China's Empty Cities

When I first lived in China in 2008, I learnt that not all the massive buildings around the cities have residents or tenants.  It was rather weird, to see massive buildings that seemed to have no life.

I recall going on a cruise around one city, a dusk cruise where we enjoyed the ambiance of the late afternoon with friends, but as we passed the buildings, some 40 or 50 stories high, we noticed that as the sun set there were no lights on in these buildings.  Where was everyone?  We were to learn that there were few folk living there.  Explanation?  Usually, all we would get would be a shrug of shoulders.  Our students did not know why.

There was a major shopping complex near the train station, where each day people queued in long lines that went from the building, down the stone stairs and out to the road way, especially as busy holiday periods approached, but across the road was a shopping complex with rows of empty shops.  Some looked like they had never been used!

 As we travelled around various parts of southern China one would come across this sight frequently.  I recall that there was a video about the 20 million condo's that had no one living in them.
This article might corroborate my story.

I remember speaking with a student (close friend now) about this, as she told me about the investments her family had made in real estate.  They had some apartments somewhere (I don't recall the details).  Without knowing the detail of the massive number of empty buildings, I asked if they had good tenants.  She looked at me with surprise.  "No, we don't have tenants.  They are an investment."  Their goal was to sell the apartments some time in the future for a huge profit.  If you have tenants, she added, there are maintenance costs!!  I scratched my head in amazement.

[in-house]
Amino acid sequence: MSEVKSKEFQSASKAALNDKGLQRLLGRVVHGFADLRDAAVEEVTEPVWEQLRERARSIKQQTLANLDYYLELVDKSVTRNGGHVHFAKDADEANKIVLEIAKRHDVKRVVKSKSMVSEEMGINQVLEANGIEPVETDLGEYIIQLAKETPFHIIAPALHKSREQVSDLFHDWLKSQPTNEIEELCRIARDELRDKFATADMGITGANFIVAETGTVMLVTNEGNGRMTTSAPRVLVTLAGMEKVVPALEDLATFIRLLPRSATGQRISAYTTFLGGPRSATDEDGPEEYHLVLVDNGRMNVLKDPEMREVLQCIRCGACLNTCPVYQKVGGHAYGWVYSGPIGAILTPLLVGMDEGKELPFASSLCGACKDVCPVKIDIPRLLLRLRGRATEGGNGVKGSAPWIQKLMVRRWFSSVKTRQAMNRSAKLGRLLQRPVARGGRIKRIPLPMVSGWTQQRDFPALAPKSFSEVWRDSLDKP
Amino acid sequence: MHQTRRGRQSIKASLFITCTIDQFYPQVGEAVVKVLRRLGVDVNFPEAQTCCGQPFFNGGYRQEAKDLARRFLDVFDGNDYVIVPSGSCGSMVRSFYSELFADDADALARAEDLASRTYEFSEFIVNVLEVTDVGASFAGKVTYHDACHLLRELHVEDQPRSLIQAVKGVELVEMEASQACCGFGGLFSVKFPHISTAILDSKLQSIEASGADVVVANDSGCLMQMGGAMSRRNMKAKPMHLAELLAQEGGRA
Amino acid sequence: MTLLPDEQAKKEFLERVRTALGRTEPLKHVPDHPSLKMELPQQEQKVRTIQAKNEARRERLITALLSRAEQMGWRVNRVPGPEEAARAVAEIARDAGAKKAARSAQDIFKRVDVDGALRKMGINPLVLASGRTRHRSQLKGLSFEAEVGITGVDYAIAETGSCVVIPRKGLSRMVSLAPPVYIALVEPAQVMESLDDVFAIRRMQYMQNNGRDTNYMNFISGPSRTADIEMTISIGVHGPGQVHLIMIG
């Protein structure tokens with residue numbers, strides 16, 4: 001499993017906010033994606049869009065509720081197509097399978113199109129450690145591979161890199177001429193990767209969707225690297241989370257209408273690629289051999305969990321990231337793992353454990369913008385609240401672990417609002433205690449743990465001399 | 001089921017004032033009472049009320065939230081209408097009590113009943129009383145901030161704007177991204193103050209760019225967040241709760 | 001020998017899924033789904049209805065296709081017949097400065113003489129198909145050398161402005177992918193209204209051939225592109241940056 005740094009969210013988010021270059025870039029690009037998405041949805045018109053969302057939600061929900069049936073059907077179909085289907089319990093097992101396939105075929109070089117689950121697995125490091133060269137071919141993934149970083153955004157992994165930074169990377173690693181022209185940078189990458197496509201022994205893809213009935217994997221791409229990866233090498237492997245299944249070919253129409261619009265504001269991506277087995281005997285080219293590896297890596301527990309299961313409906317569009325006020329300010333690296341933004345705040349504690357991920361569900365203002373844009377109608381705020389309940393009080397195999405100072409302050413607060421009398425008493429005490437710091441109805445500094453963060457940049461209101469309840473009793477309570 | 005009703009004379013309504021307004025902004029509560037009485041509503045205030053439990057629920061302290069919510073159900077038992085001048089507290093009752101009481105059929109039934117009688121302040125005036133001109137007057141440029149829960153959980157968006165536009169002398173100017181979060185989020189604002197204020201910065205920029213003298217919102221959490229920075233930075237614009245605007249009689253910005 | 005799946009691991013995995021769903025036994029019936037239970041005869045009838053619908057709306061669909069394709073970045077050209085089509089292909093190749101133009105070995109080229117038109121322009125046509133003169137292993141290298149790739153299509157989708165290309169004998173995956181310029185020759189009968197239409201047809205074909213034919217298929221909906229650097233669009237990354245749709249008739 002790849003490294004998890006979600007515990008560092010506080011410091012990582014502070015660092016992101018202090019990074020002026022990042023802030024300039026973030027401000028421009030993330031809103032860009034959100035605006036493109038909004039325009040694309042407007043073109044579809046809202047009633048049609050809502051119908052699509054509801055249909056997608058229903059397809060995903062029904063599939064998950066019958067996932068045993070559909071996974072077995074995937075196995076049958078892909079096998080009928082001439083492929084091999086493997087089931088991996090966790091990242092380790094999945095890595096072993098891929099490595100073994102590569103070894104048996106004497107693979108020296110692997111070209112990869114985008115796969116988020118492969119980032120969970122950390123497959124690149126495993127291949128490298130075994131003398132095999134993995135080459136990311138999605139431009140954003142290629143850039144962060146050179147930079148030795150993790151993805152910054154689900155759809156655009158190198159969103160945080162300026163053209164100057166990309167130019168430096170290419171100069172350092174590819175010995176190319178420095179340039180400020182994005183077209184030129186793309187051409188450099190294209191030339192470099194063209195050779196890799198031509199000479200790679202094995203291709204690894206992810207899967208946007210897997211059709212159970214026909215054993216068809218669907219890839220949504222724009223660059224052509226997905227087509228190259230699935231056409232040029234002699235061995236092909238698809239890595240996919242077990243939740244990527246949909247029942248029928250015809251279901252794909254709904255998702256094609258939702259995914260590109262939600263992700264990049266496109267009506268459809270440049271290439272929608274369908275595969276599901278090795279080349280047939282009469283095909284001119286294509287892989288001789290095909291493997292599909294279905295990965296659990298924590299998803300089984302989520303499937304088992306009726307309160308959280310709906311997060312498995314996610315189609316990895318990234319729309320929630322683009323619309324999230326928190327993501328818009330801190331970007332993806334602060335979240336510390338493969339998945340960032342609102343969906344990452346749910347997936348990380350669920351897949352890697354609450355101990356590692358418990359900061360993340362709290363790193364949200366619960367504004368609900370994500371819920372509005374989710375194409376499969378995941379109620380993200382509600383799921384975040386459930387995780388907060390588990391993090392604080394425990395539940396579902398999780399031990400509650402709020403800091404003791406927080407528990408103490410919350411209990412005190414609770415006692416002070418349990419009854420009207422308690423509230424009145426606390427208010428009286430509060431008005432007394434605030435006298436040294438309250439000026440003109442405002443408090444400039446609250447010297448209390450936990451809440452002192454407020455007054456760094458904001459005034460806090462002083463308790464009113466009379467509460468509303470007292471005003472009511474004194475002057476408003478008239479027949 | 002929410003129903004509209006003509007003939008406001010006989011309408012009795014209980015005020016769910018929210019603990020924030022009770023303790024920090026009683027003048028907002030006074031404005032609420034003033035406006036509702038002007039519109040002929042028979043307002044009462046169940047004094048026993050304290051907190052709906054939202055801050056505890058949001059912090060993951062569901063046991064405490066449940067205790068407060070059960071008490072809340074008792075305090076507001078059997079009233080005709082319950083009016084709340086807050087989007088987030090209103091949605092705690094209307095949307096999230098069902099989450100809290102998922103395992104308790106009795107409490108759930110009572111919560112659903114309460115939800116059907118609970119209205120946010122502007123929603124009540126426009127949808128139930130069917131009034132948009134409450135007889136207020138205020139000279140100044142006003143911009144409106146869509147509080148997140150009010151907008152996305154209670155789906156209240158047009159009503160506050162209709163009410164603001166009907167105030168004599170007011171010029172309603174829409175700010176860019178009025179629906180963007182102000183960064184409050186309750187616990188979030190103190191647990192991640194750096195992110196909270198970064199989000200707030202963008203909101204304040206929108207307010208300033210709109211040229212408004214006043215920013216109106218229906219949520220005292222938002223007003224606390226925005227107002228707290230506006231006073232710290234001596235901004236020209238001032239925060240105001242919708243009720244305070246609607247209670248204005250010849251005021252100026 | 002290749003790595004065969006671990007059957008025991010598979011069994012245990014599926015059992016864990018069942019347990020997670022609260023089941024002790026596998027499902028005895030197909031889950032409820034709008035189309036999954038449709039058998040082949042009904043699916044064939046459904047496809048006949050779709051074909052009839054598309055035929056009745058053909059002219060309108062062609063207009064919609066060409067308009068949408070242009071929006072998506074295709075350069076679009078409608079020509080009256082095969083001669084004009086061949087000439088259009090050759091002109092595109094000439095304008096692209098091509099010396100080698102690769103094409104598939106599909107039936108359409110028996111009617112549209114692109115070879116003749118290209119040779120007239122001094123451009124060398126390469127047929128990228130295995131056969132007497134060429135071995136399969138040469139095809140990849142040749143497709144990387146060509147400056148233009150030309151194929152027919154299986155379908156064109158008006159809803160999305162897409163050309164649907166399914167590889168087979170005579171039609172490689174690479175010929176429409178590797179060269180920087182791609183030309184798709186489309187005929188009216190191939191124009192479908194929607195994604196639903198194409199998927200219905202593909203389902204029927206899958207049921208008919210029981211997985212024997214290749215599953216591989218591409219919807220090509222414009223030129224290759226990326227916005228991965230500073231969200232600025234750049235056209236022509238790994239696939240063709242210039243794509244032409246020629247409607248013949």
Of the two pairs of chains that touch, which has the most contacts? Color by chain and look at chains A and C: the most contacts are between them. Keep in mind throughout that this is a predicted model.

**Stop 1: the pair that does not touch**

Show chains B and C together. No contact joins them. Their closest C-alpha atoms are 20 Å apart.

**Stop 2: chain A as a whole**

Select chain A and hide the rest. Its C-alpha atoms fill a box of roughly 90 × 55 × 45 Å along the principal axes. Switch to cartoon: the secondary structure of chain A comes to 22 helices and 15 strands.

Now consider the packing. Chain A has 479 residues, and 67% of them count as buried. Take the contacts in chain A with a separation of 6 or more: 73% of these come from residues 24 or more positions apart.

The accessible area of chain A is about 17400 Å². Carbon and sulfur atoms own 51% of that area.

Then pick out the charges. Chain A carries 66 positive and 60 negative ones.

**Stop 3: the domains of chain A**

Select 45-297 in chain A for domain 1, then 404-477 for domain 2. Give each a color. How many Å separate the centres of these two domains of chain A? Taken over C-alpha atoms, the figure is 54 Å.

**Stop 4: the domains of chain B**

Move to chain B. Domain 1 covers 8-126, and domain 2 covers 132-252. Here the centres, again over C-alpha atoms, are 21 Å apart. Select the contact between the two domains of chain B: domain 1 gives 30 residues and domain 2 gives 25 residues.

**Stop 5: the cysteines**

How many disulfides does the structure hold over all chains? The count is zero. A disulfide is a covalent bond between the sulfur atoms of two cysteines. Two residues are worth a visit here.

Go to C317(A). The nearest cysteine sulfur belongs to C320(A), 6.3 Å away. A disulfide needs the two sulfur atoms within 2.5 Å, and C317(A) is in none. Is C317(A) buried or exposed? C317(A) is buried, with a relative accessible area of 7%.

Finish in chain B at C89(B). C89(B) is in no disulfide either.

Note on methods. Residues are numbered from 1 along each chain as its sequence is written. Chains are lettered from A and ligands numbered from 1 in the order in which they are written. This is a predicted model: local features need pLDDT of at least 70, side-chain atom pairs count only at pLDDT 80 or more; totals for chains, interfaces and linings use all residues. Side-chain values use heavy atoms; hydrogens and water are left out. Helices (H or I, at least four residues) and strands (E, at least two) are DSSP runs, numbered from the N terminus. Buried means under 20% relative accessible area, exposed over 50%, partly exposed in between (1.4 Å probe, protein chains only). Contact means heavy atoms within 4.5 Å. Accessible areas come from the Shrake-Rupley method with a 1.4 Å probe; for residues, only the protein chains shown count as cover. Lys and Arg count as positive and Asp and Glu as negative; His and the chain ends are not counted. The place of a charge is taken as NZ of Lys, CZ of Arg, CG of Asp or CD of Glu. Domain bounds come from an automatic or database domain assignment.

Now, if anyone has looked closely at Chinese buildings, you may notice that the standard of building is not the quality that will last long.  Are they being duped?

In recent days another story has been published about a city called Kangbashi.  Read it here.

Recently near Hangzhou, I saw new suburbs or cities being built, and again row up on row of empty apartments.  The building which I stayed in in Ningo, was also only partly filled, but the car parks were overflowing.  Many families have more than one car in the family, but the building only allowed for one car each.

It is a curious thing.  There are many homeless people, but they tend to be up around Beijing, but the excess housing is way down south.  Strange.

This Youtube Vidwo details 64 million Empty Apartments.